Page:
Forums

Anyone hear of a 120V clothes dryer?

Started by Rick C October 4, 2021
The dryer here seems to be plugged into a 120V outlet.  It's also on an extension cord.  Anyone see anything like that before?  

I suppose it's actually a 240V connector which is the same size as a standard 120V connector but having one or more pins turned 90 degrees.  Still, those aren't very high current.  

-- 

Rick C.

- Get 1,000 miles of free Supercharging
- Tesla referral code - https://ts.la/richard11209 
Rick C <gnuarm.deletethisbit@gmail.com> wrote in
news:a57233da-6577-4a8e-a705-32e23340cea6n@googlegroups.com: 

> The dryer here seems to be plugged into a 120V outlet. It's also > on an extension cord. Anyone see anything like that before? > > I suppose it's actually a 240V connector which is the same size as > a standard 120V connector but having one or more pins turned 90 > degrees. Still, those aren't very high current. >
That would be a 240V outlet and if it is only wired 120V it is wrong. Wait... same size? Sounds like "medical grade" or such. They had a higher current rating. But hospital gadgetry has gotten far more efficient and less power consumptive, so "Hospital Grade" is just a way for the makers of those connectors to suck more money out of a certain demographic, like "medical use". They have now gone full COTS and there are computer carts they use now to run around from office to office taking vitals and other data. Like a Nurse's assistant thing. So most of the outlets I have seen in rooms are standard 120V, likely GFCI.
Rick C <gnuarm.deletethisbit@gmail.com> wrote:
> The dryer here seems to be plugged into a 120V outlet. It's also on an extension cord. Anyone see anything like that before? > > I suppose it's actually a 240V connector which is the same size as a standard 120V connector but having one or more pins turned 90 degrees. Still, those aren't very high current.
Over here in Europe we have clothes dryers that use heat pumping instead of electric heating. They use like 700-1000W of power so they could easily work from a standard 120V socket. I expect things like that not to be common in the USA, where people usually don't care about energy consumption. But maybe when you really need to connect something to a 120V socket, it would be a good option. (we don't have that issue here as we have 230V and can draw 2500-3500W from a standard outlet)
On 04-Oct-21 7:27 pm, Rob wrote:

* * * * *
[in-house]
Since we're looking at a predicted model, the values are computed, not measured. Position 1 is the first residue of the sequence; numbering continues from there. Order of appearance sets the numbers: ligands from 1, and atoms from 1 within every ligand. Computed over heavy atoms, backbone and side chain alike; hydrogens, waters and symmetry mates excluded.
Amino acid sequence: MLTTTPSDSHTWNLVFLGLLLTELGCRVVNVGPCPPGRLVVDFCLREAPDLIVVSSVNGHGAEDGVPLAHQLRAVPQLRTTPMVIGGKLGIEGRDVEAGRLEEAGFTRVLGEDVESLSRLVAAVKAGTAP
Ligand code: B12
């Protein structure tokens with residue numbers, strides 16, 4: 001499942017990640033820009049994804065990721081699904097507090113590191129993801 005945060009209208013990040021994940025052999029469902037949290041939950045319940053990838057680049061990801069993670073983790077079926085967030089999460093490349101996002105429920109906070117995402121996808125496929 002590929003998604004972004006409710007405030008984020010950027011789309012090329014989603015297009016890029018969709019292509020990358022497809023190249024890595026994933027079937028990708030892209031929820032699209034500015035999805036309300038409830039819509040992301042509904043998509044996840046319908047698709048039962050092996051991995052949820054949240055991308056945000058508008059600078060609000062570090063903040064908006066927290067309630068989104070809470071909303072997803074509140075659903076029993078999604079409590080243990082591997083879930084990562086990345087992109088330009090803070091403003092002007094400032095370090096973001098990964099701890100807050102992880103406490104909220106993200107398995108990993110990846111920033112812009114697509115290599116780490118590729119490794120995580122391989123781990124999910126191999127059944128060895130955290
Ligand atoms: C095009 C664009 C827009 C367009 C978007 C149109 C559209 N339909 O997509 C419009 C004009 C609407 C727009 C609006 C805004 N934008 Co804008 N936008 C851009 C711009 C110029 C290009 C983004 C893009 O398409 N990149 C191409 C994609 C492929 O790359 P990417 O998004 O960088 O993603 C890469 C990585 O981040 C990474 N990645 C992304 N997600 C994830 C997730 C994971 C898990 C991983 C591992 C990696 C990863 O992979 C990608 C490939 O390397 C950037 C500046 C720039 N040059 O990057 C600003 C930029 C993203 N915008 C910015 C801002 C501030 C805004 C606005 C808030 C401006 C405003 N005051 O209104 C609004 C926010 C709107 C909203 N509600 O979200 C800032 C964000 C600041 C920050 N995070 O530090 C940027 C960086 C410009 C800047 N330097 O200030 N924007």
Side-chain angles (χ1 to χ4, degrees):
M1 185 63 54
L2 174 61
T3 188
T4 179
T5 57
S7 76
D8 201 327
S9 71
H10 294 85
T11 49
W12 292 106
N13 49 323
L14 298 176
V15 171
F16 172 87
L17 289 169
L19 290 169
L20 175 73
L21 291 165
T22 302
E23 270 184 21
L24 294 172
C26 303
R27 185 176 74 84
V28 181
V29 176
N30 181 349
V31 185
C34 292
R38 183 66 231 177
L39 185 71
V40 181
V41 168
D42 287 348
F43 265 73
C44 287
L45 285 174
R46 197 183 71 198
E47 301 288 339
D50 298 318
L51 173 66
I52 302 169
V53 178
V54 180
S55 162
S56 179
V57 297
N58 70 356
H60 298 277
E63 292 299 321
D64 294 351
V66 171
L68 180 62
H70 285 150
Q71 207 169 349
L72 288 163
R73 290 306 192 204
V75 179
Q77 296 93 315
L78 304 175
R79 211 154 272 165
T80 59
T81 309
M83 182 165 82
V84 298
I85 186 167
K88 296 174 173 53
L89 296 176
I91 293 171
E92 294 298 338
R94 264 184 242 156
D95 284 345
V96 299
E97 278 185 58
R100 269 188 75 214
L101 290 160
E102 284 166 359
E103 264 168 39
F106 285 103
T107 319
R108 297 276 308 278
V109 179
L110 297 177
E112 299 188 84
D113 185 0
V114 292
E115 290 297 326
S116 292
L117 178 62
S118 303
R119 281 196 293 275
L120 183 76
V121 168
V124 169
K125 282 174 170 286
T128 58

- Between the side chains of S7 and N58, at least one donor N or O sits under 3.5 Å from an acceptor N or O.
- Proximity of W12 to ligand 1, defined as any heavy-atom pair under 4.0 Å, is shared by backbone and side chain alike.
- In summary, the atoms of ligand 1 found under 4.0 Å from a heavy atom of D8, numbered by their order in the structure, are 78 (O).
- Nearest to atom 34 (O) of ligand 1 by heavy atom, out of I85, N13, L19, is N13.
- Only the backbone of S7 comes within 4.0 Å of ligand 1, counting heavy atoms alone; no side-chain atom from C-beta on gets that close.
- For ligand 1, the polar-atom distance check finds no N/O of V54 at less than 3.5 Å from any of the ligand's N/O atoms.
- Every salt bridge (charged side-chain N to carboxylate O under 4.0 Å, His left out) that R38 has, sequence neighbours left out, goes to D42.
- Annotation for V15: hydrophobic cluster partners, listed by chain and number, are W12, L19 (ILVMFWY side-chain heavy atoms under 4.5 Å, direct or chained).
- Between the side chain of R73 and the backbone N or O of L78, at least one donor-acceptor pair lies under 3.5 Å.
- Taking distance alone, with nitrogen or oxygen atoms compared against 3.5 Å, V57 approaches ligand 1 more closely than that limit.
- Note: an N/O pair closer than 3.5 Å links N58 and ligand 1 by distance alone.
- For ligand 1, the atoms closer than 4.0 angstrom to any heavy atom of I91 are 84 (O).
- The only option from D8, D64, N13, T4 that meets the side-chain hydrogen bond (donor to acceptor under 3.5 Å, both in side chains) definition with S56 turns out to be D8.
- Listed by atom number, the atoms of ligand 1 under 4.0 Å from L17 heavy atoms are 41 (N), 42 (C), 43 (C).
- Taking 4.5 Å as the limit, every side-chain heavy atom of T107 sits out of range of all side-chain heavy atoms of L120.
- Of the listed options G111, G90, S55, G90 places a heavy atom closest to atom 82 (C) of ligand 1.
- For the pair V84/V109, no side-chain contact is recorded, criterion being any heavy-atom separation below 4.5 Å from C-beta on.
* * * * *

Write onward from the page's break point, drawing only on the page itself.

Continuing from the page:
> Rick C <gnuarm.deletethisbit@gmail.com> wrote: >> The dryer here seems to be plugged into a 120V outlet. It's also on an extension cord. Anyone see anything like that before? >> >> I suppose it's actually a 240V connector which is the same size as a standard 120V connector but having one or more pins turned 90 degrees. Still, those aren't very high current. > > Over here in Europe we have clothes dryers that use heat pumping > instead of electric heating. They use like 700-1000W of power so > they could easily work from a standard 120V socket.
They no doubt save energy, but at what cost? They don't sound economic. Sylvia.
Sylvia Else <sylvia@email.invalid> wrote:
> On 04-Oct-21 7:27 pm, Rob wrote: >> Rick C <gnuarm.deletethisbit@gmail.com> wrote: >>> The dryer here seems to be plugged into a 120V outlet. It's also on an extension cord. Anyone see anything like that before? >>> >>> I suppose it's actually a 240V connector which is the same size as a standard 120V connector but having one or more pins turned 90 degrees. Still, those aren't very high current. >> >> Over here in Europe we have clothes dryers that use heat pumping >> instead of electric heating. They use like 700-1000W of power so >> they could easily work from a standard 120V socket. > > They no doubt save energy, but at what cost? They don't sound economic. > > Sylvia.
They cost like 300 euro more, which we save on electricity costs in about 4 years. Not a stunning economic difference, but you know what? In Europe we do consider the environment, and are not only watching pennies as a decisiion criterium when buying energy wasting equipment. Maybe in the US you should start doing that too!